PORT ANGELES - The nationally-ranked Peninsula College Pirate soccer teams will take to the pitch one time this year at the annual Rumble in the Rainforest, sponsored by High Energy Metals, coming up Saturday at Sigmar Field.
The Pirates will host men’s and women’s teams representing the Olympic Force and the Seattle Stars, for a full slate of matches, beginning at 10 a.m. and concluding at 5:30 p.m. Admission for a day of soccer is $5.
Although the matches are all exhibition, it will mark the collegiate head coaching debut of Jake Hughes, who was recently hired to take the helm of the Pirate men’s team.
“The rumble is a great way for our program to prepare our sophomore players to move on, and our incoming players to regain some sharpness for the upcoming season,” Hughes said. “It will be an exciting and challenging event against two good teams.”
Saturday’s Rumble will also be the first action for veteran coach Kanyon Anderson since winning his third Northwest Athletic Conference women’s soccer title in November.
“We are excited to continue this cool tradition against two really good teams,” Anderson said. “ I am also happy to be able to highlight the awesome facilities at Peninsula and have a soccer celebration for our fans each spring.”
The Olympic Force Soccer Club, based in Bremerton, represents players from the Kitsap Peninsula and surrounding areas. It’s roster includes players who are preparing to start college, players who are in college, and players who have completed their collegiate playing careers and are looking to play at a high level. The women’s team, coached by Jason Jarrett, plays in the Northwest Premier League and the men’s team, under the direction of coach Steve Cashmore, plays in the Evergreen Premier League.
The Seattle Stars, based in King County, were founded in 2011 and have a similar make-up of players as the Olympic Force. The women’s team, coached by Chris Wells, and men’s team, coached by Omar Lara, also play in the same leagues as the Force.
PORT ANGELES – For the second time in his seven-year career as head women’s soccer coach, Peninsula College’s Kanyon Anderson was named Northwest Athletic Conference Coach of the Year Wednesday.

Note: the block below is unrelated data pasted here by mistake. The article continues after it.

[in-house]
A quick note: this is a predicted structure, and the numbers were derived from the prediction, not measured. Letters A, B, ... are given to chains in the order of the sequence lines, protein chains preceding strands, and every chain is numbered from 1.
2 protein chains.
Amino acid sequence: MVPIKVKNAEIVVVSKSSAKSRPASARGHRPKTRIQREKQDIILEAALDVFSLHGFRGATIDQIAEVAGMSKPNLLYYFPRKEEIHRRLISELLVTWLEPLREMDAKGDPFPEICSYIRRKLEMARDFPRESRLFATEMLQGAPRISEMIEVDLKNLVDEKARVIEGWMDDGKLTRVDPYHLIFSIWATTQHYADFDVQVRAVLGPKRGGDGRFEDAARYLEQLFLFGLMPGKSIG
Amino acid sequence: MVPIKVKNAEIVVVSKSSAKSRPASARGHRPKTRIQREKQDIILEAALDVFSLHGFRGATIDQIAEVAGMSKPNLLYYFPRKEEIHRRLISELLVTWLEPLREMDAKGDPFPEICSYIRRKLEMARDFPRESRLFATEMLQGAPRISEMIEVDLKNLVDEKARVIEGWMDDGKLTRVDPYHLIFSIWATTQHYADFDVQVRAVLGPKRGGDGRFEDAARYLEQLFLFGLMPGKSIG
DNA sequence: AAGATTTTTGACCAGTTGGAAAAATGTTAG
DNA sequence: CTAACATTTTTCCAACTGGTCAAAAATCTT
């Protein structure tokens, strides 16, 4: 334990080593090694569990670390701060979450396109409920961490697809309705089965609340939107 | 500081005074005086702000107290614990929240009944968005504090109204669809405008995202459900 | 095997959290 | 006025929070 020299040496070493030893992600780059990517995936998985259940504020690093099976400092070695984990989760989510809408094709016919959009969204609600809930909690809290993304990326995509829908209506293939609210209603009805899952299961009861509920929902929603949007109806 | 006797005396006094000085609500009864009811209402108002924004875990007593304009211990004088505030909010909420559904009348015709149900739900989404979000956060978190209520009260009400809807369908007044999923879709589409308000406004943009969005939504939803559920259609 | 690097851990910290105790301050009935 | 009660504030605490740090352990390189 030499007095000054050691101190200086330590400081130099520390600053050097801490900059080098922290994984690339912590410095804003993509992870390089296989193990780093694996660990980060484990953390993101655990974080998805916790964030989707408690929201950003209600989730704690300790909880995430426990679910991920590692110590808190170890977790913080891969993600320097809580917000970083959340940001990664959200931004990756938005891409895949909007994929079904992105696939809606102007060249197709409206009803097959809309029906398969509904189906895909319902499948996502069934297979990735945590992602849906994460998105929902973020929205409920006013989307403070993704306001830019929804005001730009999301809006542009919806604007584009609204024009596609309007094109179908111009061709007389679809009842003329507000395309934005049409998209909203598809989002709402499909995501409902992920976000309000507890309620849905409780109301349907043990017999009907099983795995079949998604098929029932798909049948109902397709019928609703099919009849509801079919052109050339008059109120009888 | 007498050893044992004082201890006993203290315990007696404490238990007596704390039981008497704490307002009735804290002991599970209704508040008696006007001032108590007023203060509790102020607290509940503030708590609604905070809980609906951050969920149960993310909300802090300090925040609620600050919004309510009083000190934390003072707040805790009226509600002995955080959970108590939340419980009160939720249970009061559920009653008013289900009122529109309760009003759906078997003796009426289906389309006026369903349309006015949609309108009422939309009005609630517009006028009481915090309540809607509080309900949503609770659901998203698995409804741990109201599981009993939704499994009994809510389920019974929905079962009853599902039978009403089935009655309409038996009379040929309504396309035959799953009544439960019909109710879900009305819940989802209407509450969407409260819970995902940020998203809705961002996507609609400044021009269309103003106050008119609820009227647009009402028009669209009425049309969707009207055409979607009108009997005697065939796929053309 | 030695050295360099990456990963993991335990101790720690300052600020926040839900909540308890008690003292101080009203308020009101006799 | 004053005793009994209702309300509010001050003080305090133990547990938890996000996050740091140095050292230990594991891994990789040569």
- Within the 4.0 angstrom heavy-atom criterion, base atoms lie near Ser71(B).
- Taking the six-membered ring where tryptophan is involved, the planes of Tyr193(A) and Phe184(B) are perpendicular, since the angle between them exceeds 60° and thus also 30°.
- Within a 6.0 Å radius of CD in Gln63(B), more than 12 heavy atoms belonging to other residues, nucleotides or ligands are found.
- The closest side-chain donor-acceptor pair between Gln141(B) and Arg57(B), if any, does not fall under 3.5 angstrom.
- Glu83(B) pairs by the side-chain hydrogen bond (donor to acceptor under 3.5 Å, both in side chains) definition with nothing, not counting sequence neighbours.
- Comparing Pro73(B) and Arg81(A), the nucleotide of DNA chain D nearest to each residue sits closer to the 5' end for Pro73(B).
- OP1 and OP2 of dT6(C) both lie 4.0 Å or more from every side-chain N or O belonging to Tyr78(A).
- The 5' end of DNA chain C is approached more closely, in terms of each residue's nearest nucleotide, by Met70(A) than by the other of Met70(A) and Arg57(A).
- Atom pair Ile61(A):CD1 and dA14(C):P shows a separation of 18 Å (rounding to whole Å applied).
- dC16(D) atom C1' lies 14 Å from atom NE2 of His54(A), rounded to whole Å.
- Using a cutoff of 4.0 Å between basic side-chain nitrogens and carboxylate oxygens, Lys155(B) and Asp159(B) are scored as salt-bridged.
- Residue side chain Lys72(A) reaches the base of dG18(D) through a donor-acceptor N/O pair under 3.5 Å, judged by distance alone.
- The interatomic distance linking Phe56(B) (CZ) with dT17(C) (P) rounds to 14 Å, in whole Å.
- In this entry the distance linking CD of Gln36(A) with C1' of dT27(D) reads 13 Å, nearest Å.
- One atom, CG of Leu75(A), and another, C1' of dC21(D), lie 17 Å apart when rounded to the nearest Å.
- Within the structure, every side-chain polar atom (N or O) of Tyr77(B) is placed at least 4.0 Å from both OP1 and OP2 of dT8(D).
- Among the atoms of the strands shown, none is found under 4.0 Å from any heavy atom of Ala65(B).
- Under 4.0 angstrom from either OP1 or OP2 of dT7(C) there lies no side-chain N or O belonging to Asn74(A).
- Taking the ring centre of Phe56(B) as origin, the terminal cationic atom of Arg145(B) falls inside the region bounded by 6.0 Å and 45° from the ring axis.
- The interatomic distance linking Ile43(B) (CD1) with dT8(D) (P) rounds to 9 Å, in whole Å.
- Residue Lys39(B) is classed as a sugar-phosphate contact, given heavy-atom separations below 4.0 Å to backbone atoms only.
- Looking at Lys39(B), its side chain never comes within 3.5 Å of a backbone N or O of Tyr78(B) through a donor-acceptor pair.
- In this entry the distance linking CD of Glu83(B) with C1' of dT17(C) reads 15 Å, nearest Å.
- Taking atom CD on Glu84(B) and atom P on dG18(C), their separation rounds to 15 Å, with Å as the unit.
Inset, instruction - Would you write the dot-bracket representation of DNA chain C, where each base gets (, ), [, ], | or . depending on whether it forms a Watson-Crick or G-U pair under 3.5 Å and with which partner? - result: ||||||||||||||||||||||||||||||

Anderson, who’s 2016 Pirates won the NWAC championship for the third time, also won that award in 2011. He will be presented with the award at the NWAC’s annual awards banquet in June.
The coach who was hired when Peninsula started a women’s soccer program in 2010, has won Region Coach of the Year awards in 2011, 2012, 2015 and 2016, as well as 2014 when he won the men’s soccer region coach of the year honor.
He credits his team for this year’s NWAC-wide recognition.
“First of all, it’s not too hard to win with this much talent,” he said. “We were loaded this year and literally had all-star caliber players coming off the bench at nearly every position. On top of the talent, this year’s team was so quick to pick up concepts that I found myself having to work hard just to stay ahead of them.”
And while Anderson downplays his success as a coach, it’s his hard work as a coach, and as a recruiter, that has led to his success.
“Kanyon is the premier women’s soccer coach in the NWAC and I’d put his credentials up against any junior college soccer coach in the country,” said Rick Ross, Associate Dean for Athletics and Student Life. “Because we play in the NWAC, he doesn’t get to compete for a national title, but the success he’s had over the last six years is unprecedented and ranks right up there with the best programs in the country. He’s very deserving of this honor.”